Page load time refers to how long it takes for a page to show up on the screen. Timing starts when a customer initiates a page transition by clicking a link or typing a URL into your browser and ends when the page fully loads. Modern browsers offer a Navigation Timing API, but this assumes navigation starts and ends with the page’s loading.
Many web frameworks implement a single-page application architecture that navigates by loading assets in and out from the existing page. So in those cases, the load times will also want to be tracked from those state changes. It is also worth noting that there are several stages to the progression of a page load. The browser first retrieves assets, then rendering the page, and finally reaches an interactive point where the application is usable. Each of those timings can be useful when measuring performance and should be tracked accordingly.
A wide range of factors influence this metric. Those within the developer’s control are the size and number of assets on the page, the complexity of the rendered document, and the time required for any server-side operations that need to be executed. While a user’s connection speed and hardware influence this metric on an individual basis, product changes that impact this metric will affect users across the board.
Improving page load time is critical for all businesses. Delays in page load time have been shown to cause significant reductions in conversion rates and page views. Google has long used site speed as a factor in its page ranking algorithm. Google’s research has also shown that slow-loading pages have a considerable increase in bounce rates.
Page load time is most commonly leveraged as a guardrail metric, allowing you to keep track of whether a change negatively impacts performance for users. New features might add expected extra latency to a page load, but even in those cases, it is vital to measure the degree to which they impact load times. Bugs or poor technical design can add significant delays unintentionally, which should be fixed before more widespread rollout. In some cases, refactors, bug fixes, or performance work can be focused on improving page load times as a key metric, and we suggest a few ideas for changes that can improve this metric for your consideration below.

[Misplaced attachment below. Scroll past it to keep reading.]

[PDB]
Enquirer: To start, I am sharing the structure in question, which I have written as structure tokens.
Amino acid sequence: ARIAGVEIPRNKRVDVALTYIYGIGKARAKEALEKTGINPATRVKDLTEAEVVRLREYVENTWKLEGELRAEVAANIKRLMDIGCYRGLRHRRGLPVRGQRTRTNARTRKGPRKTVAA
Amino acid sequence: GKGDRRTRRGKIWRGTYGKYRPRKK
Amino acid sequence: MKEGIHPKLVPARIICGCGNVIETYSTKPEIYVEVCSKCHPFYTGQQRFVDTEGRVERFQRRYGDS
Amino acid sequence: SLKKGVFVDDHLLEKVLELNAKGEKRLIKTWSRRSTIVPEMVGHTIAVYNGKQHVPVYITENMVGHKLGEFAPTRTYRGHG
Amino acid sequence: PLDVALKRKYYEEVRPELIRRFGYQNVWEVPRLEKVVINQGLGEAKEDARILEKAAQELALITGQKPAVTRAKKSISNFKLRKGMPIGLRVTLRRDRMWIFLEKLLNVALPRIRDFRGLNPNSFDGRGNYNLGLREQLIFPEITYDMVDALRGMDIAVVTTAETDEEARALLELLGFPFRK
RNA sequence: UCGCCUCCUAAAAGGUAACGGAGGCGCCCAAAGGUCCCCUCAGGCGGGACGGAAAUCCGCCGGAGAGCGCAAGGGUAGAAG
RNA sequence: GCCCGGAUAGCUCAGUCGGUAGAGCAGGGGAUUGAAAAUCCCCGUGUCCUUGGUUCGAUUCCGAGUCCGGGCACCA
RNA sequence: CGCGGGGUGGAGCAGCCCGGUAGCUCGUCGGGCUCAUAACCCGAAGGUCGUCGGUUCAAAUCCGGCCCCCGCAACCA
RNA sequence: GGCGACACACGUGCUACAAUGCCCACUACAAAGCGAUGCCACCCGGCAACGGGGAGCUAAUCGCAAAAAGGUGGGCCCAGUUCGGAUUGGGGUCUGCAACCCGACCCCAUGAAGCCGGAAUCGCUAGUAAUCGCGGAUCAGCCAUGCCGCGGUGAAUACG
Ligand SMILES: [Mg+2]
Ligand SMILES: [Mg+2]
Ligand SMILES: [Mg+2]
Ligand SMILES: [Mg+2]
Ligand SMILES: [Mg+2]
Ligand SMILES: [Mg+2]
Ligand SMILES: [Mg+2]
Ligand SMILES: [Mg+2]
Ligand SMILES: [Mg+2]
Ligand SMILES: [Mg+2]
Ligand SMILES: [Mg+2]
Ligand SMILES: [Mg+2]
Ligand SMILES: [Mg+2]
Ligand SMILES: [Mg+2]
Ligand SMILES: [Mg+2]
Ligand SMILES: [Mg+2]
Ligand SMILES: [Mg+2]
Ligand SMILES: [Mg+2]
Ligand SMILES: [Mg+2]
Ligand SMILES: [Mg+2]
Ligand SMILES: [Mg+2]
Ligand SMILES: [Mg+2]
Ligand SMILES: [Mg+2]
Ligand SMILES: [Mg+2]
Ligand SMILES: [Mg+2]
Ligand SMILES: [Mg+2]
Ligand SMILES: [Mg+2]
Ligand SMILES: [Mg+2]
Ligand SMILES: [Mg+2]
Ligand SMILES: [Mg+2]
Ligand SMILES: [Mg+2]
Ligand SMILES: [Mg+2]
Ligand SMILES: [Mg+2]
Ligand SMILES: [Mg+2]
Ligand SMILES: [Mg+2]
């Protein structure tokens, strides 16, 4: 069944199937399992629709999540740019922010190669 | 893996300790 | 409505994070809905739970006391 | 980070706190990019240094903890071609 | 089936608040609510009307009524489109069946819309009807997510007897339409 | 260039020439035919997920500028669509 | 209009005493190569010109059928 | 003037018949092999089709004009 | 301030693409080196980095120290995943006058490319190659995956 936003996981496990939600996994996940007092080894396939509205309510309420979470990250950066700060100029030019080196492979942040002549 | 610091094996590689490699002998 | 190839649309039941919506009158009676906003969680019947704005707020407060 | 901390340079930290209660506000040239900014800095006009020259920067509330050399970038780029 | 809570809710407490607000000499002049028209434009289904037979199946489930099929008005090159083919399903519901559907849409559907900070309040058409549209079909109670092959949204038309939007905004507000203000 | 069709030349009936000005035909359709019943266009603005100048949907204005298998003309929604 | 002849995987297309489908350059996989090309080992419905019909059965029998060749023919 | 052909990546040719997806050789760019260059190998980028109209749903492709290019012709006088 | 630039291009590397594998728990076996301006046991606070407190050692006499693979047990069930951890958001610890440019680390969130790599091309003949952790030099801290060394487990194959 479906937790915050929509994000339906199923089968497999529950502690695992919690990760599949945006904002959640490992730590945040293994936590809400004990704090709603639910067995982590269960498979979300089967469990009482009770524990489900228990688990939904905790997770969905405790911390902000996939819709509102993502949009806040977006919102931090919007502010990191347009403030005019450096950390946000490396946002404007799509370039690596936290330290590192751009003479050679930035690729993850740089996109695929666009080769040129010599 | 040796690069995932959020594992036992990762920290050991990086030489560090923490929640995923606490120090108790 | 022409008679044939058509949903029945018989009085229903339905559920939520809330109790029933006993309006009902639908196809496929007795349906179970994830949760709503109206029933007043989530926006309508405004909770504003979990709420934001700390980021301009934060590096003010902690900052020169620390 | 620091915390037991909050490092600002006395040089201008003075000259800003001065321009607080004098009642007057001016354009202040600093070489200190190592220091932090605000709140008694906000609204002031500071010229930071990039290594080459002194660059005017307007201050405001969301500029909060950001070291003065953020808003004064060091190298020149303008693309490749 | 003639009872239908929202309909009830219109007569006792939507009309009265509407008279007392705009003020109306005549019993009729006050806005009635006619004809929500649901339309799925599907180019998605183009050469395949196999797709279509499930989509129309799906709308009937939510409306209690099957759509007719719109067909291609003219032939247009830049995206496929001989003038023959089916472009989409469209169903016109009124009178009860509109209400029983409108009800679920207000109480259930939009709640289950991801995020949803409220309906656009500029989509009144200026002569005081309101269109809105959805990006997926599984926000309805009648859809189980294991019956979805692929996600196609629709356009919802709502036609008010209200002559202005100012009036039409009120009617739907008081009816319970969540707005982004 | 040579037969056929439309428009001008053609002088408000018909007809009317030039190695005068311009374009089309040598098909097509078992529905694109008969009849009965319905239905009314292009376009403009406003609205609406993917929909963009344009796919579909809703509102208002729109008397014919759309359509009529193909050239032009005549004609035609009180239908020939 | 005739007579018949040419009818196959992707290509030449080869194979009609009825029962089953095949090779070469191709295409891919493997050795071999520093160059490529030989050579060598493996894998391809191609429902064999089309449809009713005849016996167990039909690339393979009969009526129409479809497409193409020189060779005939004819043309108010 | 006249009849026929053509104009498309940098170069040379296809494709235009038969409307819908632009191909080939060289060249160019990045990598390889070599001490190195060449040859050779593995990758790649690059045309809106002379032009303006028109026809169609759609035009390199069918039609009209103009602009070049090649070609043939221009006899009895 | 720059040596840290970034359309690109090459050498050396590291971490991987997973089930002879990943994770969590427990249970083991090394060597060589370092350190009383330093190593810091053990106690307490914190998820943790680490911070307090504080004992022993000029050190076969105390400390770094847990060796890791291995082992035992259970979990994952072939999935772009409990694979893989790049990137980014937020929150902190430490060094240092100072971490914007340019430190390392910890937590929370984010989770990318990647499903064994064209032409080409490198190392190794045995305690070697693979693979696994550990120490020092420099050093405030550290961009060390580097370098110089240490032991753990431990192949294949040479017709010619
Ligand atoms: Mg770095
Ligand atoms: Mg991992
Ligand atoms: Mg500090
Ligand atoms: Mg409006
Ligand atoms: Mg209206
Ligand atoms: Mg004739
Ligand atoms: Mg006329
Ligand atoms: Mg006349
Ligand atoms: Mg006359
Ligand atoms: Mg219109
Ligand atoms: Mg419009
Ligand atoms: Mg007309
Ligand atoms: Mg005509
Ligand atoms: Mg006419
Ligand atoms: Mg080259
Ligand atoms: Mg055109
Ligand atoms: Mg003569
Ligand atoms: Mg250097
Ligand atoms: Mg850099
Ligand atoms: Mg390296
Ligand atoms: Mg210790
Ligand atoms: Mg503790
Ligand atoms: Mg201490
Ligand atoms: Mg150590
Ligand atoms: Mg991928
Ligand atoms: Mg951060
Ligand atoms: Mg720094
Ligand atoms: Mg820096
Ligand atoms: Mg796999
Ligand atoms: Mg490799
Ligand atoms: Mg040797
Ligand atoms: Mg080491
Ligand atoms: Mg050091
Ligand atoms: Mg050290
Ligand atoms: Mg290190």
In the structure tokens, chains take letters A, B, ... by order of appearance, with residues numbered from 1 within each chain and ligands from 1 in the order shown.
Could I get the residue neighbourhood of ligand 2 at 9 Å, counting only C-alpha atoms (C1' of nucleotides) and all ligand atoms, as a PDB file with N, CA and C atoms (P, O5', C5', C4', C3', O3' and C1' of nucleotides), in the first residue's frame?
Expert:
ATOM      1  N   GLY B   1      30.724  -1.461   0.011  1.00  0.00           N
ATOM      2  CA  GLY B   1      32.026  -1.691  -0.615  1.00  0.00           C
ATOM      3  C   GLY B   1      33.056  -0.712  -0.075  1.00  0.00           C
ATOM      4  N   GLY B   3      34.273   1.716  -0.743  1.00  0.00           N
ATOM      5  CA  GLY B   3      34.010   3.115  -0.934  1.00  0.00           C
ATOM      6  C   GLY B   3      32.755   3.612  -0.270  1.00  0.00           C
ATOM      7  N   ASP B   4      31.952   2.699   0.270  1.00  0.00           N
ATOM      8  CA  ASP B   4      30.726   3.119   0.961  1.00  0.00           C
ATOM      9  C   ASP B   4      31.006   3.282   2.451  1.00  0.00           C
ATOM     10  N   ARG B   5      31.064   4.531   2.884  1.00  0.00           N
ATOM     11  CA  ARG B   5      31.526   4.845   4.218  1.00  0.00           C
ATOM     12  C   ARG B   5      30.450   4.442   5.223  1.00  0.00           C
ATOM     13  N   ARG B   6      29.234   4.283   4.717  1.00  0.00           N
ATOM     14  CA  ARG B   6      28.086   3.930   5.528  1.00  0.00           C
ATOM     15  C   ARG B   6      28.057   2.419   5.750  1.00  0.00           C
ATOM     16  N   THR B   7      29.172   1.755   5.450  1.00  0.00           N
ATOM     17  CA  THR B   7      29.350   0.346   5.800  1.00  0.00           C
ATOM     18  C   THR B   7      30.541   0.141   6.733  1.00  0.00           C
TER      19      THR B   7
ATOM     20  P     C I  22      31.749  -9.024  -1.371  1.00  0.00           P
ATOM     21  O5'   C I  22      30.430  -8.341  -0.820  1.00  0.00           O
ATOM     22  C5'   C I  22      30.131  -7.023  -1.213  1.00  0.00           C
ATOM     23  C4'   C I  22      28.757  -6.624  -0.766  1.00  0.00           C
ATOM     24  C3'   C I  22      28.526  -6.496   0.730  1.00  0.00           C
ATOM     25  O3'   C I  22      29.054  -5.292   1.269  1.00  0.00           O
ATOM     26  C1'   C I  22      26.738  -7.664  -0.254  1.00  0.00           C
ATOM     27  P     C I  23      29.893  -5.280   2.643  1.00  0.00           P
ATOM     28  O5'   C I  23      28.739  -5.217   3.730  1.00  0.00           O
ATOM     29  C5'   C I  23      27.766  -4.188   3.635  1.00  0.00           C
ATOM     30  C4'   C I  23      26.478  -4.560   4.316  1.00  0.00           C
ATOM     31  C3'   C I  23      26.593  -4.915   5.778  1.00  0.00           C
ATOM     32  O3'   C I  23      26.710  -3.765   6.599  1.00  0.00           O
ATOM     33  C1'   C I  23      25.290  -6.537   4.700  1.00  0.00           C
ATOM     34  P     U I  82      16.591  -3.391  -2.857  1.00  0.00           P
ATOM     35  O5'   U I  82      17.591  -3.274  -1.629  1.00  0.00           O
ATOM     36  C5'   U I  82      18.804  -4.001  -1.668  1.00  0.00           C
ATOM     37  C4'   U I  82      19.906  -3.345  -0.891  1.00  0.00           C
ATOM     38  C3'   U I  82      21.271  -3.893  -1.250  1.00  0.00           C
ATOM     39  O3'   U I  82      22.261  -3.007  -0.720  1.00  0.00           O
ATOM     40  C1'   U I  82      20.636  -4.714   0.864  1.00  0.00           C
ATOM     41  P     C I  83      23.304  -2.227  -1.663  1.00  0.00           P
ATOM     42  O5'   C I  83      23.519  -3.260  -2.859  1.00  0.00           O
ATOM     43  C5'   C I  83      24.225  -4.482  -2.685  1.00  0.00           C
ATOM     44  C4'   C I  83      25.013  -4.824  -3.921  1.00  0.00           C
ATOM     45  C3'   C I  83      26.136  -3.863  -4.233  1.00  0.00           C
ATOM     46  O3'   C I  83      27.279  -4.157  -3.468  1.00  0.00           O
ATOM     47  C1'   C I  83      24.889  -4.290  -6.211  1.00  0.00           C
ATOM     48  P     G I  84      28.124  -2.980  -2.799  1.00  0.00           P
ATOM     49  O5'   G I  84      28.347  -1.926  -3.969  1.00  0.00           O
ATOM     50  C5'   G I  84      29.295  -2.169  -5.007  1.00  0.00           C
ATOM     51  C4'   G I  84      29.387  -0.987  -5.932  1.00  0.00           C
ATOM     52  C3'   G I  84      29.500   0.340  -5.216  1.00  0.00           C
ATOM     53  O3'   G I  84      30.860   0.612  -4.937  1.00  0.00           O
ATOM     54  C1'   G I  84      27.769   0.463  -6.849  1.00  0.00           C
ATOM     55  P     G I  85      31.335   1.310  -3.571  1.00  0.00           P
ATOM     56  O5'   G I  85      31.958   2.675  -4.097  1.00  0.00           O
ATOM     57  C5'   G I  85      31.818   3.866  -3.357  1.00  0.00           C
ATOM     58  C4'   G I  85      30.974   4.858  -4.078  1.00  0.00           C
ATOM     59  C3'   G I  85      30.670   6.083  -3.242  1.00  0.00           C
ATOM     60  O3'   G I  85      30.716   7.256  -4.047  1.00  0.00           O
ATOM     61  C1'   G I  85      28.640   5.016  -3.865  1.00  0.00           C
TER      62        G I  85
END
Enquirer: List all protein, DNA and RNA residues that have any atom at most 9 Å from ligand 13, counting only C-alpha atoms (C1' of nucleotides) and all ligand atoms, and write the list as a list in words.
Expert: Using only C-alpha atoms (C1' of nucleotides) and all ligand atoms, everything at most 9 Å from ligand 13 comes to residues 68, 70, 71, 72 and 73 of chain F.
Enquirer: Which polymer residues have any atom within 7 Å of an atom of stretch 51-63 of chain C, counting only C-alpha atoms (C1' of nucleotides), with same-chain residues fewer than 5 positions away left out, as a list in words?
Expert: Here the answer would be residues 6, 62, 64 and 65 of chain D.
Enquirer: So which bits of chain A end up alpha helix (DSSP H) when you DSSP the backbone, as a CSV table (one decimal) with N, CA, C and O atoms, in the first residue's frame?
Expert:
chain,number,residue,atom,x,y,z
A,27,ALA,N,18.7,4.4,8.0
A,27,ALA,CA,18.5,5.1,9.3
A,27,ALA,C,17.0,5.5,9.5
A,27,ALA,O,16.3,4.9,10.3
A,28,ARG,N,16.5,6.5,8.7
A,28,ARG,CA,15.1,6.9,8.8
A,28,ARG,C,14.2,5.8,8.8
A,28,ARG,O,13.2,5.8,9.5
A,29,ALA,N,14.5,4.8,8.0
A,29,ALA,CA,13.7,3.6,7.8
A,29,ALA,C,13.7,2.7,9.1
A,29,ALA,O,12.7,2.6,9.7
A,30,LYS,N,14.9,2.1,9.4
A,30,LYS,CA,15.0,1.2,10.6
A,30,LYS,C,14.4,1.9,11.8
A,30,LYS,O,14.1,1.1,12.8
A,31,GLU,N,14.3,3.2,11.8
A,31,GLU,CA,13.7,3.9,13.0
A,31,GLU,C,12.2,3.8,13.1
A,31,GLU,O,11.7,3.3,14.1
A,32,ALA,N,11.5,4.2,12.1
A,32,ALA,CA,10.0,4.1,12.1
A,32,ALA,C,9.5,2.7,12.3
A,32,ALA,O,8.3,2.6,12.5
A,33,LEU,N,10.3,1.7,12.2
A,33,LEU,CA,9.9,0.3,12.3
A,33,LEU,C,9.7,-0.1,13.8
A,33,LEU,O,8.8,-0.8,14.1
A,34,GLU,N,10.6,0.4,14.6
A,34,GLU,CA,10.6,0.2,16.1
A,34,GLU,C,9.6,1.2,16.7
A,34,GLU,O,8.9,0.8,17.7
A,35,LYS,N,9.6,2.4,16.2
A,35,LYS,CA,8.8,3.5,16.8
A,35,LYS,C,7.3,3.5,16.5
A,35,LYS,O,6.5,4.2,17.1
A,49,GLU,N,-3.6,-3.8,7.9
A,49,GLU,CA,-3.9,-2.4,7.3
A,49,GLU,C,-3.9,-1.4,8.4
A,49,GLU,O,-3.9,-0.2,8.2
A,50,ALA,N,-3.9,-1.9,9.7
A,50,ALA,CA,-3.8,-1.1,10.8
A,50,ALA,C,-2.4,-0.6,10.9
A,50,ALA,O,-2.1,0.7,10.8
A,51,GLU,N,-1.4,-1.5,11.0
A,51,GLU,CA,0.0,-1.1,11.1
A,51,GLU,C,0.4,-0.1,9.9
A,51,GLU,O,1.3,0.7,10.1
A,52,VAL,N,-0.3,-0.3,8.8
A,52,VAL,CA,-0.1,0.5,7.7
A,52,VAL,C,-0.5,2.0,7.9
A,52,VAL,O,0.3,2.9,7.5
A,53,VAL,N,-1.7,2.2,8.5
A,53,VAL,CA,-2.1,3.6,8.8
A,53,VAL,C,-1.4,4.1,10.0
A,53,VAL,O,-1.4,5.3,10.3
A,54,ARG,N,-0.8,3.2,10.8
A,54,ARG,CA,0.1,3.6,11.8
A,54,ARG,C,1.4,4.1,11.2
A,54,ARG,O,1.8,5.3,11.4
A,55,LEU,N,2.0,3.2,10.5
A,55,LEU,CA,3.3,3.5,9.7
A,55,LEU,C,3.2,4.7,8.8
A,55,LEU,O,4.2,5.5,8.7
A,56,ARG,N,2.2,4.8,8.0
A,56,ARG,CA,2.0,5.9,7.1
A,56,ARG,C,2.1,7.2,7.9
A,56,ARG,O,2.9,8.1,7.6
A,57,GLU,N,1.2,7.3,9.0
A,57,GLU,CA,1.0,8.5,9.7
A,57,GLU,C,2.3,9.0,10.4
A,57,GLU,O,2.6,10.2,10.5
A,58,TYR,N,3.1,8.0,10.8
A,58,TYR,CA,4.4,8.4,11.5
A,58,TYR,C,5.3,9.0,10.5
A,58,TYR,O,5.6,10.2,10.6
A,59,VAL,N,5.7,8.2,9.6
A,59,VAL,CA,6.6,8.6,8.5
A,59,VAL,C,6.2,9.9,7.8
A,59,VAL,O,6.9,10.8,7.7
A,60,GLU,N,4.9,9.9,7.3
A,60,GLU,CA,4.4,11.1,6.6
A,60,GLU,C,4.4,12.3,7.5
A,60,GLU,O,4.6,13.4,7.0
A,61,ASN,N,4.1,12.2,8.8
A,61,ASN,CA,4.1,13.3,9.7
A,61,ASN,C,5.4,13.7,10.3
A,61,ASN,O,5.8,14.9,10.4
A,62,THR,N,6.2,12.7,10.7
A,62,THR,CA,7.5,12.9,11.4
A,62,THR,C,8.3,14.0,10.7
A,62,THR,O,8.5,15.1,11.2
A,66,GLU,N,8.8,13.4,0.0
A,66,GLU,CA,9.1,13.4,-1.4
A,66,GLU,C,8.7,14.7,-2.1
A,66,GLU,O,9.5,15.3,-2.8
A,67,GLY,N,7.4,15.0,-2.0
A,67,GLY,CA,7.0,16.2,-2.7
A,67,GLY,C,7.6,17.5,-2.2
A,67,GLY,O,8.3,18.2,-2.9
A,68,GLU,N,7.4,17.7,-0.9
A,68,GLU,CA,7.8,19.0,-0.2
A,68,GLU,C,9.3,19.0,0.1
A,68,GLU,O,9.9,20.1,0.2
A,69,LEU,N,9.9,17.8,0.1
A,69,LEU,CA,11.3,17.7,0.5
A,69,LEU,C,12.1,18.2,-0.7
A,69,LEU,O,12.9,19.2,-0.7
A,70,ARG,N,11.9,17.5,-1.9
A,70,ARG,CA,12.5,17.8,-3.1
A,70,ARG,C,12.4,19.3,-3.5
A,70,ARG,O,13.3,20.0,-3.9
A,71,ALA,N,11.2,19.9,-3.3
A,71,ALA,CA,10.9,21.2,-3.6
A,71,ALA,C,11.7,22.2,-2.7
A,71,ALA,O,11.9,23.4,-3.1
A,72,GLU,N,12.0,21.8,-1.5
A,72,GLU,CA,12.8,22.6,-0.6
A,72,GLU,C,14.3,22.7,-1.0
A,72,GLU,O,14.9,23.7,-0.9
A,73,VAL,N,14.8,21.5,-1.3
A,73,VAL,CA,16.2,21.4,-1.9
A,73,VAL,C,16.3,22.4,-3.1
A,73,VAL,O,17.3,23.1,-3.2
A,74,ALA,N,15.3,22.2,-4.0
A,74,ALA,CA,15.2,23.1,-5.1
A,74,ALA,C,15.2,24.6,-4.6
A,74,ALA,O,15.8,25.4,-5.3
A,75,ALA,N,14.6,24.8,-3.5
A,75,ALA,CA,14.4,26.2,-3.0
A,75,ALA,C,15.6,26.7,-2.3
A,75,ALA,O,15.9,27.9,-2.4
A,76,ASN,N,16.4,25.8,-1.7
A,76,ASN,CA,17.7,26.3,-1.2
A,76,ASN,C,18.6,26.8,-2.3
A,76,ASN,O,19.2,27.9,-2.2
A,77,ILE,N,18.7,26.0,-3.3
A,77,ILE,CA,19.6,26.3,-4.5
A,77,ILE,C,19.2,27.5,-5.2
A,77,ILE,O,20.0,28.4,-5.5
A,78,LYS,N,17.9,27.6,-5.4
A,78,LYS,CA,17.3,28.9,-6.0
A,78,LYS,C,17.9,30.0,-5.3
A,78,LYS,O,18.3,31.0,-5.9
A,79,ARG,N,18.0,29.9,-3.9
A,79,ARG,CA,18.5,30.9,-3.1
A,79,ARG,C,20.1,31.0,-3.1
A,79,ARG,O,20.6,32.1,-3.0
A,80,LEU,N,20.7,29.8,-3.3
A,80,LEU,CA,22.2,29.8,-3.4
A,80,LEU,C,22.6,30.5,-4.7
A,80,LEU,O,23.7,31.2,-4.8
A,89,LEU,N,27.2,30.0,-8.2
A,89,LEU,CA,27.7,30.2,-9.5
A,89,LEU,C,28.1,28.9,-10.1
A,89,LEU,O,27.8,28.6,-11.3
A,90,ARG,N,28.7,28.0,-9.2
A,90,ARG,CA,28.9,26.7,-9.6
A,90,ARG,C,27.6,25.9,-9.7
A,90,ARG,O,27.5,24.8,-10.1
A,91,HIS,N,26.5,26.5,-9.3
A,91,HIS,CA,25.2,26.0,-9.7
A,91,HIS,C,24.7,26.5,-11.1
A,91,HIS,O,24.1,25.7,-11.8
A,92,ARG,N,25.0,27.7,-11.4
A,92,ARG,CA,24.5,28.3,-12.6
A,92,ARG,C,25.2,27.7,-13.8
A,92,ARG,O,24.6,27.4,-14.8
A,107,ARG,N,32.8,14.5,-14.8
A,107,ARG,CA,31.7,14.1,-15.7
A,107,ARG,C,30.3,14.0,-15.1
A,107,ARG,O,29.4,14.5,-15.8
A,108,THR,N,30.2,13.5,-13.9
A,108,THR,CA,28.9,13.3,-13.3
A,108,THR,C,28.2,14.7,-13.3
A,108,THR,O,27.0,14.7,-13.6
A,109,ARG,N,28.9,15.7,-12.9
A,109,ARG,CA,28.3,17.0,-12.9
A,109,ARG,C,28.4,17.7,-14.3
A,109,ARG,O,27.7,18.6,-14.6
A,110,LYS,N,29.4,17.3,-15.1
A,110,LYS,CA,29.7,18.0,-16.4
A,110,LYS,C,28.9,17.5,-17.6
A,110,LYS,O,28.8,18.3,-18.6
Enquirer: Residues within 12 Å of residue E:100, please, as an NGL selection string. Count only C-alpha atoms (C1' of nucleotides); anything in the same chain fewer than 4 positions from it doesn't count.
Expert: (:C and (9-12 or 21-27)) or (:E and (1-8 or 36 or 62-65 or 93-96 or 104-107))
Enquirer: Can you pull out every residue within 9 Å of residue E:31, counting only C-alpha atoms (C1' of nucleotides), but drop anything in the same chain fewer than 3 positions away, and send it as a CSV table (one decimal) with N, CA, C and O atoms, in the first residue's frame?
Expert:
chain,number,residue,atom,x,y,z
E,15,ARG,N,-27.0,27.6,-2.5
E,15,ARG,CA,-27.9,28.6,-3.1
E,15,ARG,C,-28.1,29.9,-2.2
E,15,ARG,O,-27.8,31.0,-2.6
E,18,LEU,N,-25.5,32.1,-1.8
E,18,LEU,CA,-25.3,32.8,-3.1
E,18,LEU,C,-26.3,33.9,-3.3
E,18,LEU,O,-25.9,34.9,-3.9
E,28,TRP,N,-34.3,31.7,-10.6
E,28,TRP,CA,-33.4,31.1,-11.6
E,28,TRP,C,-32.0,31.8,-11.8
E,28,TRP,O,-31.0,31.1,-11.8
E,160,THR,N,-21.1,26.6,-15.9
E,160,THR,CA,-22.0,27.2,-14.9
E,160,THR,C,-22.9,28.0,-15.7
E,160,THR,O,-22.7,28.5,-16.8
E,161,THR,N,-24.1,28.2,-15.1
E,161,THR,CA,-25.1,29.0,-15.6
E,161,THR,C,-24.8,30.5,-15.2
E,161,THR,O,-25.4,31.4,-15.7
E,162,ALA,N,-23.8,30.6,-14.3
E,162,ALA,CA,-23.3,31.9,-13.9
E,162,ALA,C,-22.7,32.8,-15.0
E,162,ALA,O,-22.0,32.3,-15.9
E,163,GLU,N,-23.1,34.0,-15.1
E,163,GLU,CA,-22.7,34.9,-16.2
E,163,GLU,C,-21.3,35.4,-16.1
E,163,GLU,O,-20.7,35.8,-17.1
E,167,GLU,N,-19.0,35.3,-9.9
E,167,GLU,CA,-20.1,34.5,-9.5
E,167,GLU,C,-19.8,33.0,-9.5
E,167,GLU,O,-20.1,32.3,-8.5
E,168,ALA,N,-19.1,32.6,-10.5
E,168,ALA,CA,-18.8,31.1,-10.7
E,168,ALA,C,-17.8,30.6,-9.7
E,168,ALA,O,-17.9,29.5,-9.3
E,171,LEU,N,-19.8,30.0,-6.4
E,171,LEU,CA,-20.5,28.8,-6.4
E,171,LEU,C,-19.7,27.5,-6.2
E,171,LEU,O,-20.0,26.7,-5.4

Performance measurements for web pages can typically be consolidated into a single page load event, fired once navigation completes. In certain advanced use cases, it may be preferable to send multiple events for each type of timing measurement to capture that performance in cases where a page fails to load or is exited before loading completes. Checking for those stage completions and ensuring the prompt sending of events can result in additional latency to the page load.
With simple websites, tracking of page load performance is as simple as triggering an event when the load completes and then using the data from the Navigation Timing API to extract the various load timings. In single page architectures, it may be possible to use the MutationObserver or Resource Timing APIs to track subsequent navigation transitions. Still, most frameworks make available hooks that can measure the start and completion of page transitions.
For these transitions, the event should include property values for any timing measurements relevant to the final performance metrics and use additional properties for further slicing of those metrics to provide deeper insights. These properties include the loaded page of the site (either by passing the URL or some other key identifying the page), connection information that might influence the page performance, and whether the page had been previously visited during the session (as caching can significantly change page load performance).
This data collected by the page load event carries a lot in common with a page view. Data regarding the frequency and number of fired events are better suited for that context of a user navigating the product. The Split reference application combines the page load performance properties into the page view event for the sake of simplicity.
Metrics associated with loading the page are covered in detail within the page view metrics section of this reference. When focusing on page load performance specifically, the critical value for consideration is the average page load time. This page performance often has quite a broad variability, given the number of unique factors that can influence page performance, so a more direct view of the data is to establish a fixed SLA for page performance and then to measure how often that SLA is violated through the Page Load SLA Failures metric and the percentage of users experiencing such issues with the Page Load SLA Exposure metric.
For any of these metrics, the time calculated by this metric can be any of the several possible navigation timings available. It is common to implement several metrics to identify performance issues impacting a specific part of the performance. It is also valuable to create separate metrics tracking performance on different areas of the site or with varying speeds of connection to understand better where bottlenecks might occur.